Friday, January 2, 2015

Rolling Deep in 2015: James Corden and The Wrong Mans

Mathew Baynton and James Corden star in The Wrong Mans.

The final weeks of 2014 were bittersweet. Two of the smartest, most original shows in late night television – Comedy Central's The Colbert Report and CBS's The Late Late Show with Craig Ferguson – aired their final episodes within hours of one another. Though the shows could not be more different – the first, with tightly-written and sharp political satire, and the second loosely improvisational, sublimely ridiculous and deliberately untopical – their two stars may have been the most genuine late night hosts ever to sit behind a desk. Even if "Stephen Colbert", the character Colbert played so brilliantly for 9+ years, has taken his last bow, we certainly haven't seen the last of Stephen Colbert (though the precise date of his taking over for David Letterman on CBS's The Late Show has still to be announced). However, I can't express how deeply I will miss Craig Ferguson's intimate, deeply human presence on my TV screen, perhaps more especially his tour de force chemistry with "Geoff Peterson", the gay robot skeleton sidekick voiced so brilliantly by comedian Josh Robert Thompson for the past four years. Ferguson and Thompson were like nothing else on American late night television. But, at the same time, these closing doors open others for the coming year.  The Late Late Show will remain a fixture on CBS, as the also-accented James Corden takes over hosting duties in March. Even though we have been given tantalizingly little about what Corden's version of the show will look like, the choice of the British comedian for the job reveals that someone at CBS is doing their job right. Corden is a Tony- and BAFTA-award winning actor and writer, a man whose face an average North American viewer may recognize but whose name won't ring any bells. Across the pond in the UK, he's most famous for co-starring and co-creating Gavin & Stacey, a wildly popular BBC romantic comedy that aired 2007-2010 – though his starring turn opposite Meryl Streep in the recently released film adaptation of Into the Woods should draw some much deserved attention. (Fellow Critics at Large's writer Steve Vineberg has called Corden alternately "irresistible" and "irrepressible" and there is no doubt he is both.) Fortunately, even for those without a taste for Sondheim or fractured fairy tales, there is a simple way to get a glimpse into what Corden promises to bring to American television: tune into Hulu and check out James Corden's wildly entertaining The Wrong Mans, which launched its second season last week.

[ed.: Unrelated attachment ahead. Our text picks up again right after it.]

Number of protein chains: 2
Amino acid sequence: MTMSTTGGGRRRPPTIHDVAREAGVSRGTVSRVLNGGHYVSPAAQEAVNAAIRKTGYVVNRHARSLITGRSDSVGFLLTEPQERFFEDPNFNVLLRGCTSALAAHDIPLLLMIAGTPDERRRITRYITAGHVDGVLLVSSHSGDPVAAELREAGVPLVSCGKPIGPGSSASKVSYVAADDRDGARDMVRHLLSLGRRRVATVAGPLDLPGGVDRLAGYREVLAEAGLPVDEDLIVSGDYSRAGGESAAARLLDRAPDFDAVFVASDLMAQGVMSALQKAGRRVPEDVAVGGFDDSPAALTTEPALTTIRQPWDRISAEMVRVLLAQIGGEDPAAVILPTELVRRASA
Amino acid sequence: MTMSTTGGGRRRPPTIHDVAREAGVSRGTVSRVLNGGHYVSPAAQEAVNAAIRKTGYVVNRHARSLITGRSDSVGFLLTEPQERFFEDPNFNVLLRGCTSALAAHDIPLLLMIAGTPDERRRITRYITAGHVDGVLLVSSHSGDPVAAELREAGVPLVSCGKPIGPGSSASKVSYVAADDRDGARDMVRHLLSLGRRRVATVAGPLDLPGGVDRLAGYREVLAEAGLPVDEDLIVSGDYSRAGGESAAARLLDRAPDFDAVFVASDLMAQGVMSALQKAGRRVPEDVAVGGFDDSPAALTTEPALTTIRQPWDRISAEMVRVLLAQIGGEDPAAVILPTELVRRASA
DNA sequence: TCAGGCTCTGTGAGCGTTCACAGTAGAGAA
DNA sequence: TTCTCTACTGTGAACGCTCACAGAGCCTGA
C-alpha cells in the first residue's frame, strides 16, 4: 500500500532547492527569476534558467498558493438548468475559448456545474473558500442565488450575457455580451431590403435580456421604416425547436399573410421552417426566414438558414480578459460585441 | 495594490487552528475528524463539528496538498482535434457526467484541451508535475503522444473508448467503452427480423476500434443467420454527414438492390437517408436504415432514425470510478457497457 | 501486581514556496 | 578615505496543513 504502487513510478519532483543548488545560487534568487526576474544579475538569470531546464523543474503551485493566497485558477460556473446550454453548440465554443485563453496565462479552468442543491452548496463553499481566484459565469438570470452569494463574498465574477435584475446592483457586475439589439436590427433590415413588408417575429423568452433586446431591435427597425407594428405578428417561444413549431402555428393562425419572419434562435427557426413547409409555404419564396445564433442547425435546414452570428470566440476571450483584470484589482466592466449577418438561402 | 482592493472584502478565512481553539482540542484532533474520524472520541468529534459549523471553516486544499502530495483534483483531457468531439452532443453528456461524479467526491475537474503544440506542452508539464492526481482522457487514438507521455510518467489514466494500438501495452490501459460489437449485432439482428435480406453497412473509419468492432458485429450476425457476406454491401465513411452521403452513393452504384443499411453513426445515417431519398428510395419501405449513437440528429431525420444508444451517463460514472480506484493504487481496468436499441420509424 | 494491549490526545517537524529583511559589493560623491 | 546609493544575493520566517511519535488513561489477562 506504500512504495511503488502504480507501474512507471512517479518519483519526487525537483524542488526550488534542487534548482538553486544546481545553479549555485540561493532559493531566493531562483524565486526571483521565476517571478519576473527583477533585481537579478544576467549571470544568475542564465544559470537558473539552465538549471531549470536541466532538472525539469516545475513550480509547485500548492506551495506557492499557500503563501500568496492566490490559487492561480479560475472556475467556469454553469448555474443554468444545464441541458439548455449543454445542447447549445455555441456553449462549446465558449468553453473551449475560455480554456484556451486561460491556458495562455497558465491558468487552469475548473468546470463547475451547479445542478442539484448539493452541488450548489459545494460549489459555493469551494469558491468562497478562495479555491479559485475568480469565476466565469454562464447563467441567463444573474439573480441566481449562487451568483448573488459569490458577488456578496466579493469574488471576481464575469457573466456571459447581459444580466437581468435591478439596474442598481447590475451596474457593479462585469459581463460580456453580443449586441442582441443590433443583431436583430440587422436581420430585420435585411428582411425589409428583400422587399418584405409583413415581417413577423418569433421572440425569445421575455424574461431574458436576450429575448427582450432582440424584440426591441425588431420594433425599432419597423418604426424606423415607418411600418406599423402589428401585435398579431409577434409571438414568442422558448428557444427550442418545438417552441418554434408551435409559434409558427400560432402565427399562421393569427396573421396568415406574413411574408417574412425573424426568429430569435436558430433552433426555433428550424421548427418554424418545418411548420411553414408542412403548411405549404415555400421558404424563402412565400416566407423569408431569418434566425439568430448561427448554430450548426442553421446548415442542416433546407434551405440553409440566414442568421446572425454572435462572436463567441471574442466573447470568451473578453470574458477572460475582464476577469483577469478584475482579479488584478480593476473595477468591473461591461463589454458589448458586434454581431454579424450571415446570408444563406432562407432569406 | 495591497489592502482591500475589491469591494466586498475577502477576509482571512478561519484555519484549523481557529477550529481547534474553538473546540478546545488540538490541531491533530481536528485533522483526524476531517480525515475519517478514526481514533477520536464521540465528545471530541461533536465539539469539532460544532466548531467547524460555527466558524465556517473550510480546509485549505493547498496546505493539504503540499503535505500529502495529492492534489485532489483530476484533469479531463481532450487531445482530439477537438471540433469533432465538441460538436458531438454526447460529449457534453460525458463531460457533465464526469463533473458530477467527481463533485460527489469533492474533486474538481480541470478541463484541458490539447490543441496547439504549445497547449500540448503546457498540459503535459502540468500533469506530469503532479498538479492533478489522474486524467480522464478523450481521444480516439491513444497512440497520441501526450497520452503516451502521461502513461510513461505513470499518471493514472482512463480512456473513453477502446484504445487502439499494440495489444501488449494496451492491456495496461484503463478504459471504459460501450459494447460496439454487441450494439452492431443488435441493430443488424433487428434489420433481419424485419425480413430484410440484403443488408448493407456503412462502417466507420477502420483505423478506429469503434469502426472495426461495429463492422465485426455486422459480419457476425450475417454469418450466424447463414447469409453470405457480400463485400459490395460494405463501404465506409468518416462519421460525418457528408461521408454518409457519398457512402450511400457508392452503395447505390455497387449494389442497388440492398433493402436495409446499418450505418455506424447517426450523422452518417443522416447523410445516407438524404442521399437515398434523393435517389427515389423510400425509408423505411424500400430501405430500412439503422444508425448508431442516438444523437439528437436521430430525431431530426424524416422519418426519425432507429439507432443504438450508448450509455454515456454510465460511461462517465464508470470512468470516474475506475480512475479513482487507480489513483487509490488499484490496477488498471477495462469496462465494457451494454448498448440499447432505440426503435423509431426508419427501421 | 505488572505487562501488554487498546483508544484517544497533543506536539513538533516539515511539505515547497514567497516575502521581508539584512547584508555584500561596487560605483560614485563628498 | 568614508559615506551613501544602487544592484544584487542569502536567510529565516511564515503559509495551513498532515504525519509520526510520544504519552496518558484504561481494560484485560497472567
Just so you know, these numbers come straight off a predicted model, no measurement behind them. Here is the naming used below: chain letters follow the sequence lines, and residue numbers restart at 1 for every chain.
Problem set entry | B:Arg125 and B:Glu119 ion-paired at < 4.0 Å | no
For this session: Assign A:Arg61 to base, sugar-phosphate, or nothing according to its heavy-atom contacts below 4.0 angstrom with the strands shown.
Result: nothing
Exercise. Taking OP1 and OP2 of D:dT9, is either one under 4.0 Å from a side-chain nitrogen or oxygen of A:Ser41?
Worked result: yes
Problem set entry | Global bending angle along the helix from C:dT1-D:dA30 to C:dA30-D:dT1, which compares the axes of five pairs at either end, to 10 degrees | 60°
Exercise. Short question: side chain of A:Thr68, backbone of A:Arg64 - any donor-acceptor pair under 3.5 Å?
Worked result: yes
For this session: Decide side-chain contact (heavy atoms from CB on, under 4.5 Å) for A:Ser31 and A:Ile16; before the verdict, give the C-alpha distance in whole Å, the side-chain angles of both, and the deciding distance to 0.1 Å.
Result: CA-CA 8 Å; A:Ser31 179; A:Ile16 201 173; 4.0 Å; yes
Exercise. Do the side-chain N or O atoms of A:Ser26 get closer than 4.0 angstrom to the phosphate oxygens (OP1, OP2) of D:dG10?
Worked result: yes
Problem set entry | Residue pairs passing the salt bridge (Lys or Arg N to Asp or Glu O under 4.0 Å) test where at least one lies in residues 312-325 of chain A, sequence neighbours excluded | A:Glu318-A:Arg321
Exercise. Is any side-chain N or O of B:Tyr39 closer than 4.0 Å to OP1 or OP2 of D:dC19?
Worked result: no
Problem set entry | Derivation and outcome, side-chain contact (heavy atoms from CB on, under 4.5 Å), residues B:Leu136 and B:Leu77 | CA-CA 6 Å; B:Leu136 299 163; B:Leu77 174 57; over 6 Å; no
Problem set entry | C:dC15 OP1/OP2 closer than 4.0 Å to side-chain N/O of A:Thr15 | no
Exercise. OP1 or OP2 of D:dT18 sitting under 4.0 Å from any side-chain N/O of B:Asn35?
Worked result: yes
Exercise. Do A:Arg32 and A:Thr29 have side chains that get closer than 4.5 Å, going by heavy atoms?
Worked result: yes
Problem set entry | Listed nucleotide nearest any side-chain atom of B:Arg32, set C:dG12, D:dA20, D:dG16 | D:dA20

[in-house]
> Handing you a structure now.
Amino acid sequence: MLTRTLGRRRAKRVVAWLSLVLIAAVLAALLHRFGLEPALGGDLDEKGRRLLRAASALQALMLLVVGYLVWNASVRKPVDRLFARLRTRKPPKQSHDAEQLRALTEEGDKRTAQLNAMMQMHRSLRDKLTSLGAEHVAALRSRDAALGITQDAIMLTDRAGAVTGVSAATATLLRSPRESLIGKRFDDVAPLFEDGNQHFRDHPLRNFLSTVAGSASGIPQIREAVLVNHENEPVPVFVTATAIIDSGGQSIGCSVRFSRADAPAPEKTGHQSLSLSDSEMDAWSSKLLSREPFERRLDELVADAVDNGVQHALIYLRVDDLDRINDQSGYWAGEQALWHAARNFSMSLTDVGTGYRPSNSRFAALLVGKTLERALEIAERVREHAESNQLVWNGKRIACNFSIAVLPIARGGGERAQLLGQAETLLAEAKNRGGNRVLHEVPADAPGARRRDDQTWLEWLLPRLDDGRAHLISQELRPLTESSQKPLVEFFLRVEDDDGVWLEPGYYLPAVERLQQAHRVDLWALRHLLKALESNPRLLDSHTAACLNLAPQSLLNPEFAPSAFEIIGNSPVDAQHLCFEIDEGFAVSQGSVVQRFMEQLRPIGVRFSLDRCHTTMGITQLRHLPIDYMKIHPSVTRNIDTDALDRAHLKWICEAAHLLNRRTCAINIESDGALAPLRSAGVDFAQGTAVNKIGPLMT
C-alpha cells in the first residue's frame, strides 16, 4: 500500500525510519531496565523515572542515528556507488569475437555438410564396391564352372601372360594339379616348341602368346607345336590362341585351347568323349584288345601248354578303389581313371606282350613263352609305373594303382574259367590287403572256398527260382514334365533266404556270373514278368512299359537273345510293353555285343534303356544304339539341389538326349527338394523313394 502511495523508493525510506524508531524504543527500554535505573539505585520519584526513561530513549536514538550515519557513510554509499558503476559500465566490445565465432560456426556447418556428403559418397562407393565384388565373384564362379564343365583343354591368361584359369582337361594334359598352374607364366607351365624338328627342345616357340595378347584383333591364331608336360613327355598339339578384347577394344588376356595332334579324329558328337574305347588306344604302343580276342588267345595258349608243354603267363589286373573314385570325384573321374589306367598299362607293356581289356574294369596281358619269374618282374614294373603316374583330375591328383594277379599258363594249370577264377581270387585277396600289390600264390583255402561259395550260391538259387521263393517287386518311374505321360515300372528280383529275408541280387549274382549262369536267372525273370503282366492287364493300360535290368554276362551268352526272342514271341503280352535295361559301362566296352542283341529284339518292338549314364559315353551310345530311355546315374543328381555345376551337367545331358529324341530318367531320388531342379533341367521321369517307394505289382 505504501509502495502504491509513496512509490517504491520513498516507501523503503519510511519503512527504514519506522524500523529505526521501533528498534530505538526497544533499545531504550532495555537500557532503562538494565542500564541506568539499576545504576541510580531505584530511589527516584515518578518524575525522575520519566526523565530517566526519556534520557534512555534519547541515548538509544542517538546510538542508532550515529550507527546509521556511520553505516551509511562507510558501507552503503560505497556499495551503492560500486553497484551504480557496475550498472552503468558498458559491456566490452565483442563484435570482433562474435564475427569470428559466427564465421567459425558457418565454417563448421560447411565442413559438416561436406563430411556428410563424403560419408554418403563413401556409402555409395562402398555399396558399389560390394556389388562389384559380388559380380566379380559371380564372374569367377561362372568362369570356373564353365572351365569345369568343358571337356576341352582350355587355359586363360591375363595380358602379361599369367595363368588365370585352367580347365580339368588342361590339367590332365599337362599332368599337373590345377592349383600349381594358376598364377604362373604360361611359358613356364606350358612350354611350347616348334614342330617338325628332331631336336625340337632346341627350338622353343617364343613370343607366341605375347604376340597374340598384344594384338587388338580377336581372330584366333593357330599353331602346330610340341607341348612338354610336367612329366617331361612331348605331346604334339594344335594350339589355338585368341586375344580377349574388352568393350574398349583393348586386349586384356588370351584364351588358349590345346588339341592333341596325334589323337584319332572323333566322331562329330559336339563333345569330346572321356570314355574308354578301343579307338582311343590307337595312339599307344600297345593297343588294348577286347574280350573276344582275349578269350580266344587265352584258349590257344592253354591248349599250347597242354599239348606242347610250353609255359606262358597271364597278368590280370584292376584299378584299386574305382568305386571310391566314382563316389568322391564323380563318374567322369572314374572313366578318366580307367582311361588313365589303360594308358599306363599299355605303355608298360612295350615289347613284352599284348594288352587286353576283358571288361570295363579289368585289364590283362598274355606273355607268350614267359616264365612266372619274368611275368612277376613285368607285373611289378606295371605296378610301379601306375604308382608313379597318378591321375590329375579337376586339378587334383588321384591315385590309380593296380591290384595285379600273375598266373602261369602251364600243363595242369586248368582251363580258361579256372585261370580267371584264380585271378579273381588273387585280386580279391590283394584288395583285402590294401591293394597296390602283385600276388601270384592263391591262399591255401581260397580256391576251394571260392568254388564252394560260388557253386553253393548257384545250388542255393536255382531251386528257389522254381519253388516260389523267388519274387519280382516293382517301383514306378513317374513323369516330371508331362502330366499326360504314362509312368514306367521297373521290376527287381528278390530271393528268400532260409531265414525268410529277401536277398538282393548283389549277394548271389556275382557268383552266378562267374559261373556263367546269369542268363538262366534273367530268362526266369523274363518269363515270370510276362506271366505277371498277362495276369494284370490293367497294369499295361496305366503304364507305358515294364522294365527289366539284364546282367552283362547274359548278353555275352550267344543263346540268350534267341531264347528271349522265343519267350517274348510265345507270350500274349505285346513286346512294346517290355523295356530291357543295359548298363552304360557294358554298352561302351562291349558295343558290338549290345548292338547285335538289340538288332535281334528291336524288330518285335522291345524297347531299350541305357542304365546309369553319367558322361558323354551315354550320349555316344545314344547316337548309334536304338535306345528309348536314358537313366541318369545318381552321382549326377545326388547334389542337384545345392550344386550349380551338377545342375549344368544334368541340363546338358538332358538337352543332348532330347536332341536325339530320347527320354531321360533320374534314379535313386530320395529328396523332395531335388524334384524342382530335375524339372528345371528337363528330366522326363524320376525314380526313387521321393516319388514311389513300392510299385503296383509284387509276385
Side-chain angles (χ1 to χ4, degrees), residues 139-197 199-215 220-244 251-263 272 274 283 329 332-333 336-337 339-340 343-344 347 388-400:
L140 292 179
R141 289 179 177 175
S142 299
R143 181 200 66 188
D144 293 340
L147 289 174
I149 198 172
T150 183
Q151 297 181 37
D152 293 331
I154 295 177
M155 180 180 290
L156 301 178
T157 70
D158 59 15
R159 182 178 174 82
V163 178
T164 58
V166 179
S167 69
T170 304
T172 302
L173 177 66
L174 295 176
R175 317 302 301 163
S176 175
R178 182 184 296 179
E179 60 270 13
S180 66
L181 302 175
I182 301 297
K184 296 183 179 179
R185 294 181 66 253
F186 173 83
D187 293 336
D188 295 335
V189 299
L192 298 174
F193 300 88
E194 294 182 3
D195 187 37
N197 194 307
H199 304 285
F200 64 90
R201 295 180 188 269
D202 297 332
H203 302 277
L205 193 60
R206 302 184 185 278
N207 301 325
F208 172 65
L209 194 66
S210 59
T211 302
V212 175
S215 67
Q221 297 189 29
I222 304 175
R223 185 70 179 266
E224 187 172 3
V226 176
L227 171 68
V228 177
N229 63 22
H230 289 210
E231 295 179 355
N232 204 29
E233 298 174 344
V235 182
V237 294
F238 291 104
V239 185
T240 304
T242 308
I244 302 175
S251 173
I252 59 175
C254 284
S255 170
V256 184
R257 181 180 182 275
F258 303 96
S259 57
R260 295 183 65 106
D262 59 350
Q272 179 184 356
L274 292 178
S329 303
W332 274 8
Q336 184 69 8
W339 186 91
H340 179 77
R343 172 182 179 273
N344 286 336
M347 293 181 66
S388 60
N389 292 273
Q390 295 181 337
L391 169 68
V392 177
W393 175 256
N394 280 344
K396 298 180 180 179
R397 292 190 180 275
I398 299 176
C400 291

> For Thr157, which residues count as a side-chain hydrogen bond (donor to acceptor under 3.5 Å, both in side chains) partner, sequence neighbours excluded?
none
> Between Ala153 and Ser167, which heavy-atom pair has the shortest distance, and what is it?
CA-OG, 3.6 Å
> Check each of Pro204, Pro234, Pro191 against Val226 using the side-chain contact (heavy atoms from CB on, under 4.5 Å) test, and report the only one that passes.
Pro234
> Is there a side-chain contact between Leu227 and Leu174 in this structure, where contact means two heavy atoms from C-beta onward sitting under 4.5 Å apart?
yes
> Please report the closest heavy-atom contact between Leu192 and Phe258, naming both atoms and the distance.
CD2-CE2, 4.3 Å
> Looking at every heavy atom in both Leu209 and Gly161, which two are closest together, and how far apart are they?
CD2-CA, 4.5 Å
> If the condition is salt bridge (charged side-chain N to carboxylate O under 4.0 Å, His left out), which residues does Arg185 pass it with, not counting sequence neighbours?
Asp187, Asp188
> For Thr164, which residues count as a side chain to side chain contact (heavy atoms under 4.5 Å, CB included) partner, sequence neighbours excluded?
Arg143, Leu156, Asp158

Co-produced by the American on-demand streaming service Hulu and England's BBC Two, The Wrong Mans is a comedy/thriller co-created and co-written by Corden and his on-screen co-star Mathew Baynton (Horrible Histories). Taking cues from the likes of Simon Pegg and Alfred Hitchcock, The Wrong Mans tells the story of two underachieving schlubs Sam (Baynton) and Phil (Corden) who stumble out of their mundane civil service lives – "a town planning and noise guidance advisor for Berkshire County Council [and] a 31-year-old mail distribution assistant who lives with his mum" – into a world of rogue MI-5 agents, political corruption, femmes fatales, and mobsters. The plot begins small – with the hapless and hungover Sam witnessing a near-fatal car crash and inadvertently answering an abandoned cell phone – and build bigger and bigger as the story winds itself through every nook and cranny of his small Berkshire County hamlet. Amazingly, the story manages to blend all of these elements while remaining, in a word, hilarious.